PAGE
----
Final allocation for landfill allowances announced
The Government has confirmed the final allocation of landfill allowances for England's 121 waste disposal authorities, setting the limit on the amount of biodegradable municipal waste they can dispose of in landfill sites.Allocations have been set in advance of the launch of the Landfill Allowance Trading Scheme (LATS) on April 1st this year.
"Government will be introducing the scheme to help local authorities meet the tough new targets under the EU Landfill Directive in the most cost effective way," Environment Minister Elliot Morley said. "While the targets are challenging, this is an innovative approach which gives authorities the flexibility to decide how and when to make the necessary changes in the way they handle their waste, while ensuring that England meets national and international obligations."
Waste disposal authorities will be able to trade their allowances with other disposal authorities, selling allowances if their waste has already been diverted to other disposal routes such as recycling, or buying allowances if they have no alternative but to landfill more waste than their allocation allows.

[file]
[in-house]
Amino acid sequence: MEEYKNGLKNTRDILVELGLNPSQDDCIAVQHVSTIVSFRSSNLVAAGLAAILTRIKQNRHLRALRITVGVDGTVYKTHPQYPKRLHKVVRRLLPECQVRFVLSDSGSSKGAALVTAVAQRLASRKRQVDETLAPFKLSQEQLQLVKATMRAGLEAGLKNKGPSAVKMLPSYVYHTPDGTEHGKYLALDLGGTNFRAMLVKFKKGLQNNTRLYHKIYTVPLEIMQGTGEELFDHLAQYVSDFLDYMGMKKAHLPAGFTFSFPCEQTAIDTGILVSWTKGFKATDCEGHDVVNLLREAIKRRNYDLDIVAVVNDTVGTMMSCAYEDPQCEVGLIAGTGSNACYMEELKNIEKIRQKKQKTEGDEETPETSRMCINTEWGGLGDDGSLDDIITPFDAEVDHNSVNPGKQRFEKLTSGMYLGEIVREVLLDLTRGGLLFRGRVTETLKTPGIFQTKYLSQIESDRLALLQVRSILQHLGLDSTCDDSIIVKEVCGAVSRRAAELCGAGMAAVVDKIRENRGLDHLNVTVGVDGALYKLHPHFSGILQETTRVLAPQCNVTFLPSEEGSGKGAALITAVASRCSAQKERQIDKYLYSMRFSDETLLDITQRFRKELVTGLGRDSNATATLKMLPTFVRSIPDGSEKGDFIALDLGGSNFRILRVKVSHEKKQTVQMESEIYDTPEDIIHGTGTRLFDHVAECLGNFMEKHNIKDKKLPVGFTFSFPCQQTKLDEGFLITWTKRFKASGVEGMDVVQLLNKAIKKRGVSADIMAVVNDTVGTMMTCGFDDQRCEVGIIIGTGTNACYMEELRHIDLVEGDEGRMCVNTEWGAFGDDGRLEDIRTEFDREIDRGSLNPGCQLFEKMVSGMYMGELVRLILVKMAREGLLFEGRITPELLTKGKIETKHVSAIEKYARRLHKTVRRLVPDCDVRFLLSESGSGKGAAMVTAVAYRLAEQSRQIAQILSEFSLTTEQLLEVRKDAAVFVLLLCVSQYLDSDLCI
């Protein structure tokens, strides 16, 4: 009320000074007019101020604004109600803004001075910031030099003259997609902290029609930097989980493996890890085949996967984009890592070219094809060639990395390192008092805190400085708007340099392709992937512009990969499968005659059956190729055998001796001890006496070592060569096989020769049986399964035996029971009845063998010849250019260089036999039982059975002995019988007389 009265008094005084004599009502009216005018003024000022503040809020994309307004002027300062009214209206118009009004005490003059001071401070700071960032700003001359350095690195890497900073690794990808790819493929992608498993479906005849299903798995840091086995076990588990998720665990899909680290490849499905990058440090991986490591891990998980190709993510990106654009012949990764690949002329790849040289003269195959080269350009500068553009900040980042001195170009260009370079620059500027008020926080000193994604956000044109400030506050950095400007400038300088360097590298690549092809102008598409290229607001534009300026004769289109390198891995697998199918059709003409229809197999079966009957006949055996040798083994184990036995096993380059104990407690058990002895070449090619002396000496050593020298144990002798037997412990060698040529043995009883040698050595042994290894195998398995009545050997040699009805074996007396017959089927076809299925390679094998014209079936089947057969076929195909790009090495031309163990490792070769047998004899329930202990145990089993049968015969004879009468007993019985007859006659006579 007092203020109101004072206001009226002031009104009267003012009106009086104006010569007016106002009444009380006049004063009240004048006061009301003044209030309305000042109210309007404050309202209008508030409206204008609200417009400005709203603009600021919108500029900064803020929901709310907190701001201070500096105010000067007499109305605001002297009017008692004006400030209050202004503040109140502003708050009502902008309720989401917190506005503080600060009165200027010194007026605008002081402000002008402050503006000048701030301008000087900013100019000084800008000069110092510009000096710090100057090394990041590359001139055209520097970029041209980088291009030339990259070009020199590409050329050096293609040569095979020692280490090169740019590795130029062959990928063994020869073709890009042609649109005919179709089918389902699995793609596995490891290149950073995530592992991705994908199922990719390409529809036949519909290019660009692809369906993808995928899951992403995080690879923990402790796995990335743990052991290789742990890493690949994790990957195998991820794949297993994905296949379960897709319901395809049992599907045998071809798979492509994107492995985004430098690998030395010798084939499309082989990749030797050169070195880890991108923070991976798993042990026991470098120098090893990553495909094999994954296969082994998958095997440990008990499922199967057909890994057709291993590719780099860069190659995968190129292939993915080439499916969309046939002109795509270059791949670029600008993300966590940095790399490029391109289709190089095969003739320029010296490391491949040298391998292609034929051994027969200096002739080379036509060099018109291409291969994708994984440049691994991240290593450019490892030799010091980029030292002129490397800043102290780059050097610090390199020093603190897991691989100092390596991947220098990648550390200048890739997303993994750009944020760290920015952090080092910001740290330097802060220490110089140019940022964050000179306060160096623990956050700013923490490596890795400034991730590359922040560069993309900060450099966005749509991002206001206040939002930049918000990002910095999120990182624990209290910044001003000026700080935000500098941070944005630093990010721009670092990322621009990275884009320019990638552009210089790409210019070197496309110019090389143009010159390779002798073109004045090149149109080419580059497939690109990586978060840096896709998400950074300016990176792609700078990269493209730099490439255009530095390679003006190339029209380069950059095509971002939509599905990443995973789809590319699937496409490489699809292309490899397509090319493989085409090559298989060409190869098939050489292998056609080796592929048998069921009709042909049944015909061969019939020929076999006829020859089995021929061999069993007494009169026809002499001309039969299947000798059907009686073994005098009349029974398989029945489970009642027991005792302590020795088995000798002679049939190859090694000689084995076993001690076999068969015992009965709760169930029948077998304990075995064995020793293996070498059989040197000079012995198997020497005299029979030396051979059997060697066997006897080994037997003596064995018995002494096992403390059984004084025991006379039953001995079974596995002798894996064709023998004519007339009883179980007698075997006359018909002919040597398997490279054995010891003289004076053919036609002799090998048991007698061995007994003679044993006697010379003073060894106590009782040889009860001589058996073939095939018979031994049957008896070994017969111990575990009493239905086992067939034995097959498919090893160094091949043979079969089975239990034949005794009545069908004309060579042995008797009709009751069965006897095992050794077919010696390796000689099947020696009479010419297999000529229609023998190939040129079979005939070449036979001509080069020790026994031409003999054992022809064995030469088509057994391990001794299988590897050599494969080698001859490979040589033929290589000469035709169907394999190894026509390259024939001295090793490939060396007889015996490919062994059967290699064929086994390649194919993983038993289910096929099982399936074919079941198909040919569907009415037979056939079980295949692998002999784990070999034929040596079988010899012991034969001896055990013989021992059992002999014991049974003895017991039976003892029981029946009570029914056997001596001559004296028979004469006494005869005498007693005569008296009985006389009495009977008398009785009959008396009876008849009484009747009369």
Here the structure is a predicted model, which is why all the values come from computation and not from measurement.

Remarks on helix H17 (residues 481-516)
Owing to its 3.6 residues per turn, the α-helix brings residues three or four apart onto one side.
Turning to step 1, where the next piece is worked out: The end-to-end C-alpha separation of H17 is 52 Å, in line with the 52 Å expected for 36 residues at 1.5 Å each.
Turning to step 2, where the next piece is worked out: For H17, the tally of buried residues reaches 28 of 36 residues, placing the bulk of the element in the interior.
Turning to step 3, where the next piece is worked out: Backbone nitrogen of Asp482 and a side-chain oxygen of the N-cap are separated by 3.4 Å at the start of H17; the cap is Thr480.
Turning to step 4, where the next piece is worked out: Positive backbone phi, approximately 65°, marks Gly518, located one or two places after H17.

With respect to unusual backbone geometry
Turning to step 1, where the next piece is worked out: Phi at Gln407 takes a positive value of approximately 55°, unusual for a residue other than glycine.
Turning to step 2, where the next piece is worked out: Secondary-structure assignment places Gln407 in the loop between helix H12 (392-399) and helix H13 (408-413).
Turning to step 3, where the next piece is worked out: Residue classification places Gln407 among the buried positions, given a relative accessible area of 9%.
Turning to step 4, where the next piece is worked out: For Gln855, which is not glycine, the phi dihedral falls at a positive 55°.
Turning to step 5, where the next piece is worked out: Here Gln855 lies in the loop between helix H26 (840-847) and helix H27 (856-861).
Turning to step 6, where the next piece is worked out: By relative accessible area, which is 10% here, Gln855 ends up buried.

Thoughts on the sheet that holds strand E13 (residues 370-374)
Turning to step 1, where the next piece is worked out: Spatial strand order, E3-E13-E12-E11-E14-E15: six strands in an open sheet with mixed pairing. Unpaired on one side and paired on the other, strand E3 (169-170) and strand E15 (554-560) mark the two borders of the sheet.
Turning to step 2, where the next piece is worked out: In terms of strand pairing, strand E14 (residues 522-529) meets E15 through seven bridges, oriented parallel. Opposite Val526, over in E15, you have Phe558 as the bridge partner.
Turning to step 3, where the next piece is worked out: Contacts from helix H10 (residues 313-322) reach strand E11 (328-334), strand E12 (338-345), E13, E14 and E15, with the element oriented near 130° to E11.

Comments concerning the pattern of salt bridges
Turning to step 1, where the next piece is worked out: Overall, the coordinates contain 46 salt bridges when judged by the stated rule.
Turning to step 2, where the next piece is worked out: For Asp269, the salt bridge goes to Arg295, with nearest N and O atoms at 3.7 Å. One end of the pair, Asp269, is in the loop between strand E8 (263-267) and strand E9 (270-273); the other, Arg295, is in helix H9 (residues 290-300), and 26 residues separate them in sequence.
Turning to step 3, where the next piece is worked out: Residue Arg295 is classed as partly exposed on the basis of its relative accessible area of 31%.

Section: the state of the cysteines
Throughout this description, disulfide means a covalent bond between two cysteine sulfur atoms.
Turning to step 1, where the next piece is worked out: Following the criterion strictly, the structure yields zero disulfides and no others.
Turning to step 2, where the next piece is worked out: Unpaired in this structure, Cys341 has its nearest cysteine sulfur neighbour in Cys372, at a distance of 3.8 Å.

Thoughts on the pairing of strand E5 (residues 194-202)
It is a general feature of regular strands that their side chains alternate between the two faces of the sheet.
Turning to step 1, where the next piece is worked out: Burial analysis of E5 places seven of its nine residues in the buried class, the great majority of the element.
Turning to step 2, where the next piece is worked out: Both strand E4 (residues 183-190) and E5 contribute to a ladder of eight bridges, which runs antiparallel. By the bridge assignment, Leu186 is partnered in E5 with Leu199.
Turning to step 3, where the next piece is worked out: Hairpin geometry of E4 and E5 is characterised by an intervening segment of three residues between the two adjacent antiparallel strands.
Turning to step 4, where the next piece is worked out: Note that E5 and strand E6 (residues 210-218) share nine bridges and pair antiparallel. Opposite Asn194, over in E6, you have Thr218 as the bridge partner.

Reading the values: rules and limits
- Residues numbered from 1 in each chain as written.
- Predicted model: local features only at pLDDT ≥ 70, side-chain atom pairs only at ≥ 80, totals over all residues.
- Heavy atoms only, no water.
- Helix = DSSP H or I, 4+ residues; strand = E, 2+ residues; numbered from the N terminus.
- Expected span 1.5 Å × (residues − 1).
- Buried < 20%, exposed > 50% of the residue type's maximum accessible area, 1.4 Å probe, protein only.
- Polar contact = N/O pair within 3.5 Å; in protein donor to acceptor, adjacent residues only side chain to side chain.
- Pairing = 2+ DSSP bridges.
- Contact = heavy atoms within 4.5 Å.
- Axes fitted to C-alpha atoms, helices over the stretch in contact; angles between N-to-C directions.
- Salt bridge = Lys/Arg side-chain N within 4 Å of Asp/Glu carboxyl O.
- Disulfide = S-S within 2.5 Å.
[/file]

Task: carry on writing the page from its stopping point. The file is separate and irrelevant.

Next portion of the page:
They will also be able to 'bank' their unused allowances, or 'borrow' those they want to bring forward as part of future allocations.
Diverting biodegradable municipal waste from landfill is a key objective of the EU Landfill Directive. One tonne of biodegradable waste - such as paper, card, textiles, kitchen and garden waste - produces between 200 and 400 cubic metres of landfill gas. Landfills also released 25% of the UK's methane emissions in 2001.
By 2010 biodegradable waste going to landfill should be 75% or less than the amount produced in 1995. By 2013 this will be reduced to 50%, and 35% by 2020.
Defra has also produced an electronic tool to help local authorities to integrate LATS with their waste strategy.